LOS ANGELES — The official autopsy report for Ezell Ford, an unarmed, mentally ill black man shot to death by Los Angeles police in August, was released by the county coroner’s office Monday after the Los Angeles Police Department lifted an investigative hold that had blocked the report from public view for over four months. The coroner’s investigation ruled Ford’s death a homicide by multiple gunshot wounds. Ford, 25, was killed by LAPD officers Sharlton Wampler and Antonio Villegas, both on gang enforcement detail, shortly after 8 p.m. on Aug. 11 in the Florence neighborhood of South LA. The report provides the first detailed account from …
LOS ANGELES — The official autopsy report for Ezell Ford, an unarmed, mentally ill black man shot to death by Los Angeles police in August, was released by the county coroner’s office Monday after the Los Angeles Police Department lifted an investigative hold that had blocked the report from public view for over four months.
The coroner’s investigation ruled Ford’s death a homicide by multiple gunshot wounds.
Ford, 25, was killed by LAPD officers Sharlton Wampler and Antonio Villegas, both on gang enforcement detail, shortly after 8 p.m. on Aug. 11 in the Florence neighborhood of South LA. The report provides the first detailed account from authorities of his injuries.
According to the autopsy report, Ford, 25 was shot three times, resulting in two fatal wounds and one nonfatal.
The skin around the fatal wound in Ford’s back had a “muzzle imprint,” which suggests that the shot was taken at close range. The second fatal wound was in Ford’s side abdomen. A third wound, ruled nonfatal by the coroner’s investigation, was on his right arm.
“An autopsy does not prescribe motivation or indicate propriety — in this case, is it a legal killing or not,” LAPD Chief Charlie Beck said in a press conference later on Monday.
“There is nothing in the coroner’s report that is inconsistent with the officers’ accounts,” Beck said, but added that the investigation is still incomplete.
A trace amount of marijuana was also found in Ford’s system, according to a toxicology report. Because THC, the active ingredient in marijuana, can linger in the human body, however, its presence does not mean that Ford was intoxicated at the time of his death.
The release of the Ford autopsy comes at a tense time as protests over police killings have continued in multiple cities around the nation and as two New York City police officers were shot dead in alleged retaliation less than two weeks ago. Ford died just two days after teenager Michael Brown was fatally shot by a Ferguson, Missouri, police officer. The protests over the death of Brown and of Eric Garner, who died after being put in a chokehold by a New York police officer, have also cited Ford.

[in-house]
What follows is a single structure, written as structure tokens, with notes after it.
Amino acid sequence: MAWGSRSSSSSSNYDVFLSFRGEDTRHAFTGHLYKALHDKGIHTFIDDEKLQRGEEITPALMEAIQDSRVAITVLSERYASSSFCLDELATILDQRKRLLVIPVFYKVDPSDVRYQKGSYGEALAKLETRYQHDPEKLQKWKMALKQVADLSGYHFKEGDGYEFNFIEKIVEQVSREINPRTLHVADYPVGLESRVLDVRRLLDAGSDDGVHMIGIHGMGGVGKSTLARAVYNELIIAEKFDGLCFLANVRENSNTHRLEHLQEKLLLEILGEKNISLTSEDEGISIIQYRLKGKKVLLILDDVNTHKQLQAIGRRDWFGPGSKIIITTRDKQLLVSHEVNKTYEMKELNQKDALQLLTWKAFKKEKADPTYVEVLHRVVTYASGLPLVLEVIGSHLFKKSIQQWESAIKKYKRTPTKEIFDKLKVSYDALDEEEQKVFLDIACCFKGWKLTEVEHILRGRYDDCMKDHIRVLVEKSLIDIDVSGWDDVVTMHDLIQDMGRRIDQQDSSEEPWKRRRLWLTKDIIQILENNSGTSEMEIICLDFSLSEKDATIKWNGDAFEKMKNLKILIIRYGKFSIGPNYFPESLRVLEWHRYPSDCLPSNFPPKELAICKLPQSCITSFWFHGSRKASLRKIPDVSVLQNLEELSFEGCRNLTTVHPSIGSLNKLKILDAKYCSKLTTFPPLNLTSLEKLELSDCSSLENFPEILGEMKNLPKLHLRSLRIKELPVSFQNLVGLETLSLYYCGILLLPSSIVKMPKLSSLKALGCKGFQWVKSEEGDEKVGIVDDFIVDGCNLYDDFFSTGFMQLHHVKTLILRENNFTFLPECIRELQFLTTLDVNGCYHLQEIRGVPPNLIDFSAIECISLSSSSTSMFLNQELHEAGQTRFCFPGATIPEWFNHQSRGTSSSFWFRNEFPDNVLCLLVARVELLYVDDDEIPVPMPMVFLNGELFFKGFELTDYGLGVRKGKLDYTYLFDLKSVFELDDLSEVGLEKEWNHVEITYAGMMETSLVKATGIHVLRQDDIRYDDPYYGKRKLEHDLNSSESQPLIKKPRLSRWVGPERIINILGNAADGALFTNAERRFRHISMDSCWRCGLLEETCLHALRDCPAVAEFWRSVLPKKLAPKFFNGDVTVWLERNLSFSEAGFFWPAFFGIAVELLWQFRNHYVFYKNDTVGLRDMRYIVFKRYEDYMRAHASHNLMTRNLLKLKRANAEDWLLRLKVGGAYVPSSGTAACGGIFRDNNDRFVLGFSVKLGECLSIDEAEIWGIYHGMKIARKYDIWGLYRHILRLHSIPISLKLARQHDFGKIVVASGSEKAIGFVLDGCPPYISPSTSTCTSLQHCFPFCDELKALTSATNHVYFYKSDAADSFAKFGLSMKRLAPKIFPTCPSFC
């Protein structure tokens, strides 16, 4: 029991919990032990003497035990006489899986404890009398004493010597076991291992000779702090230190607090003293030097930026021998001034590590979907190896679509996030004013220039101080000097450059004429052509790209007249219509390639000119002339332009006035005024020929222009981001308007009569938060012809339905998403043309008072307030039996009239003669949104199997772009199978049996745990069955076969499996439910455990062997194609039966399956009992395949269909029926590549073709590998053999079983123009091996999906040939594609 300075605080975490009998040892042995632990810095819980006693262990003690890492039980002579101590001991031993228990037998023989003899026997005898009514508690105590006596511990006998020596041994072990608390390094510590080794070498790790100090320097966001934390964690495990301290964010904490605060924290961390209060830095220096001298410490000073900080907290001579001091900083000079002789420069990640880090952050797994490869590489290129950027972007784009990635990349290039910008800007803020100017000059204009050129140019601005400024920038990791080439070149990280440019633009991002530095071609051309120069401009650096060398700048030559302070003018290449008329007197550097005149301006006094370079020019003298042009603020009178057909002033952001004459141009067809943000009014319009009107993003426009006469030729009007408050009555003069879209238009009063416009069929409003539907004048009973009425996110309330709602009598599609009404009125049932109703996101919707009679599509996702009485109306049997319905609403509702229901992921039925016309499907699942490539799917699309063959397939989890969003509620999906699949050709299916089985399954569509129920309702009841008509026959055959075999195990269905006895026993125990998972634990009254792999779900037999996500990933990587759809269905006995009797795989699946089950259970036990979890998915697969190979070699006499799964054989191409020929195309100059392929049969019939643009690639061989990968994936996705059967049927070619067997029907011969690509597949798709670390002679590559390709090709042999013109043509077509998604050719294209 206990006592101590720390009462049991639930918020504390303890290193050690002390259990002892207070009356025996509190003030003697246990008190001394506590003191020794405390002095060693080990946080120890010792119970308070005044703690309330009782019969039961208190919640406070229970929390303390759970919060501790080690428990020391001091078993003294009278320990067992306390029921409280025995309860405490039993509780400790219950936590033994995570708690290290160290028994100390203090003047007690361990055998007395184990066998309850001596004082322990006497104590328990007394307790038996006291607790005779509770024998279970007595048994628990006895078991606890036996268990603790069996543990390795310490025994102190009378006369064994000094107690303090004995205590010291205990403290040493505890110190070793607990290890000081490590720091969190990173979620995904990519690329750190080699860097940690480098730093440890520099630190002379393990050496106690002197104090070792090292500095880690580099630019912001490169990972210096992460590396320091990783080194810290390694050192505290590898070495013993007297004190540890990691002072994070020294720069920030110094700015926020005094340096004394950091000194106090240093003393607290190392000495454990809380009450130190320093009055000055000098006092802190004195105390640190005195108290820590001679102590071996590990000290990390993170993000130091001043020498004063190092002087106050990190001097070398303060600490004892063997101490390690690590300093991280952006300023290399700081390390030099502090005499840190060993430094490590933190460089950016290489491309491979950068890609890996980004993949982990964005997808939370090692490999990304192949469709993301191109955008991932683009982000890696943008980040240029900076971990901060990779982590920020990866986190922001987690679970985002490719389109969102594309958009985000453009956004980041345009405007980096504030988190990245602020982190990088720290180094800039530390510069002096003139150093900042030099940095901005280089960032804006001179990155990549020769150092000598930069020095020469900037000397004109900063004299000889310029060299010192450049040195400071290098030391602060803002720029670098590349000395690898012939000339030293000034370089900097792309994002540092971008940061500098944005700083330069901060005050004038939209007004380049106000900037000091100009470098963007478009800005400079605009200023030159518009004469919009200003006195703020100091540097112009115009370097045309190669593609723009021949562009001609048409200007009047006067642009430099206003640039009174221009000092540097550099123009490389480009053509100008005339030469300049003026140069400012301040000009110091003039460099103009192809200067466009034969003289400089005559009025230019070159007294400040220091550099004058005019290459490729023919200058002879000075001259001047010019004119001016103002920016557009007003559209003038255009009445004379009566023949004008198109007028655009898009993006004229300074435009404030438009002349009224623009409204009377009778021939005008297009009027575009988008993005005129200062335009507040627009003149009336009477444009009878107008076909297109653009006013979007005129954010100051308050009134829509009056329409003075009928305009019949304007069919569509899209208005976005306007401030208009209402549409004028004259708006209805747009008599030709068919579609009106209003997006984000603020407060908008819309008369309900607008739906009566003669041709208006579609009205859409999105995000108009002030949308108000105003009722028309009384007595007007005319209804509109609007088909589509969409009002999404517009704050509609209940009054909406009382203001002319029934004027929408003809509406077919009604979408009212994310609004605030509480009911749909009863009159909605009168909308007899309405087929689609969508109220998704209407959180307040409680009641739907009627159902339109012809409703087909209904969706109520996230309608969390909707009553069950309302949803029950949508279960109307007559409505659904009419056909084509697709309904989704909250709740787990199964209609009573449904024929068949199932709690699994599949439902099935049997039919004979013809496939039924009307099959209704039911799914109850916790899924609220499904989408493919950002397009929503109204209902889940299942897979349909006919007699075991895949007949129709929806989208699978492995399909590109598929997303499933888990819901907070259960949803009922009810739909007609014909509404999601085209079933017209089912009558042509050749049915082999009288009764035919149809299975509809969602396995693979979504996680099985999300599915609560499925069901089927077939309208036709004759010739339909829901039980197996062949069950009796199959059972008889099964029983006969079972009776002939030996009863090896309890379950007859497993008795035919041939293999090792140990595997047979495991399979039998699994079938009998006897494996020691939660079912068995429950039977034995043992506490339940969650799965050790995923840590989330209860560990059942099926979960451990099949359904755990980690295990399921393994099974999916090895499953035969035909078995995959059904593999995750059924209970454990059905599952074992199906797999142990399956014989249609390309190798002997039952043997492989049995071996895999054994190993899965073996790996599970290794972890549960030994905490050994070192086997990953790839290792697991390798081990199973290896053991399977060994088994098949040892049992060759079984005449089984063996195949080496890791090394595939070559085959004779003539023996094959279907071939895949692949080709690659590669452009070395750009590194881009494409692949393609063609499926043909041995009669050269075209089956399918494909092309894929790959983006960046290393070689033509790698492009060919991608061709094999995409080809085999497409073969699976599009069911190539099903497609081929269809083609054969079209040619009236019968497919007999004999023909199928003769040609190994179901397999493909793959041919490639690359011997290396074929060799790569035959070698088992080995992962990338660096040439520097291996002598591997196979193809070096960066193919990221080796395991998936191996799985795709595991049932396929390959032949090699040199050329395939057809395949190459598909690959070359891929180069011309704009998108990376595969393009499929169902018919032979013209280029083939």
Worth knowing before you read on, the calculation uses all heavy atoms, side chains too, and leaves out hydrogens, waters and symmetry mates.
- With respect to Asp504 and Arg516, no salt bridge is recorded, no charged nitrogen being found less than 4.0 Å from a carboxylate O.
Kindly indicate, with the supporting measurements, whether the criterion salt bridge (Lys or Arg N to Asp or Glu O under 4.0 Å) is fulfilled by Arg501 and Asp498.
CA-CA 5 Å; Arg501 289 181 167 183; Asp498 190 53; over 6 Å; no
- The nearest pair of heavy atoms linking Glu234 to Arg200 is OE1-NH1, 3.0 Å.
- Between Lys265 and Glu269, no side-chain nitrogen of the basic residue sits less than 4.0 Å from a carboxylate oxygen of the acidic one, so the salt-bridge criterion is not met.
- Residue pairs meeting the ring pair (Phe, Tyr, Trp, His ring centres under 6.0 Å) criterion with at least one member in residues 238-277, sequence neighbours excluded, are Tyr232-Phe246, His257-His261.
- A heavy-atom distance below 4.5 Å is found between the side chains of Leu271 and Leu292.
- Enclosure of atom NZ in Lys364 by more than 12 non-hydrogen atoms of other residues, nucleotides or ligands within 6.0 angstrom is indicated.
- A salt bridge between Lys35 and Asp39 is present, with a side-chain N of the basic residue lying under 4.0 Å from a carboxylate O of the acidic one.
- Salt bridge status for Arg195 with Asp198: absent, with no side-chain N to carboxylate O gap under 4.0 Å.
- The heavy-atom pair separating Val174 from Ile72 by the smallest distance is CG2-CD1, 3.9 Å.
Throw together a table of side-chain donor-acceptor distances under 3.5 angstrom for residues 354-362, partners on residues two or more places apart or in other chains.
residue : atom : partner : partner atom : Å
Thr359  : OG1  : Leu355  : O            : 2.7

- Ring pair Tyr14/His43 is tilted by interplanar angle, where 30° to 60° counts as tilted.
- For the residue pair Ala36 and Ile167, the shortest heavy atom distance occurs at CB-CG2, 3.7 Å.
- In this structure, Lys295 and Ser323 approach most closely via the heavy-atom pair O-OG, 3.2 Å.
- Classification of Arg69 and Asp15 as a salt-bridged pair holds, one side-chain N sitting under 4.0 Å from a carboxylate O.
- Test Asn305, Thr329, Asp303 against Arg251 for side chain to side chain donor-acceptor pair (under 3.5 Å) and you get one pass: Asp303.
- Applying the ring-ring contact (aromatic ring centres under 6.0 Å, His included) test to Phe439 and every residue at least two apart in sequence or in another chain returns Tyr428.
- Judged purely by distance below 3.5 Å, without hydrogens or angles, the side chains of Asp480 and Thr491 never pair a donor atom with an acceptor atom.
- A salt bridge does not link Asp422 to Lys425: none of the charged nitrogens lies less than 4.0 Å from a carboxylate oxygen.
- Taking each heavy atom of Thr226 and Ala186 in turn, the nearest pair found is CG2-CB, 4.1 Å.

Much like the Brown case, police and eyewitness accounts of Ford’s death vary wildly.
The police said that during an “investigative stop,” a struggle ensued in which Ford “turned, grabbed one of the officers.” They “fell to the ground,” police said, and Ford allegedly attempted to pull an officer’s handgun from its holster. The “partner officer then fired his handgun and the officer on the ground fired his backup weapon” at Ford, according to police. “It is unknown if the suspect has any gang affiliations,” the LAPD said in a statement after the killing.
Eyewitnesses dispute that story. One witness told KTLA that Ford was shot “in the back” while he was “laying down.”
That witness also said Ford’s mental state was well-known in the neighborhood. Tritobia Ford, Ezell’s mother, said her son showed signs of schizophrenia and bipolar disorder.
Another eyewitness told HuffPost that he heard a police officer shout, “Shoot him!” before Ford was shot three times as he was lying on the ground.
Ford was transported to a nearby hospital, where he died. The LAPD said no officers were injured during the incident.
Ford’s neighbors later told HuffPost that he was not involved in gang activity.
On Monday, Earl Ofari Hutchinson, president of the civil rights community forum Los Angeles Urban Policy Roundtable, said in a statement, “The killing of Ford has been ruled a homicide by the coroner, and the bullet wounds in his back give strong indication that he could not have been resisting the officers.” Hutchinson called on LA County District Attorney Jackie Lacey to conduct a “fast track” investigation into possible criminal charges against the two officers involved in the fatal shooting.
The Ford autopsy had been under an investigative hold for months in order to prevent witness testimony from being tainted, according to the LAPD. The police department said it hoped that additional witnesses would eventually come forward. In August, Ed Winter, the assistant chief of investigation at the coroner’s office, told HuffPost that the hold was indefinite. But in November, LA Mayor Eric Garcetti ordered the report to be made public before the year’s end.
A months-long delay in the release of an official autopsy report is “unusual,” according to the county coroner’s office. The medical examiner’s report on Brown was released about two months after his death; the report on Garner came out less than a month after his death.
In October, the South Central Neighborhood Council unanimously passed a resolution asking Los Angeles City Councilman Curren Price to demand that the release of the autopsy reports for Ford and Omar Abrego, another South LA man who was allegedly beaten to death by LAPD officers about a week before Ford was killed.
Steven Lerman, a lawyer for the Ford family, had earlier accused police of withholding the Ford report for “political reasons.” Lerman described the shooting of Ford as “an execution” and has filed a $75 million wrongful death lawsuit for the Ford family.
The story has been updated with comment from Earl Ofari Hutchinson of the Los Angeles Urban Policy Roundtable.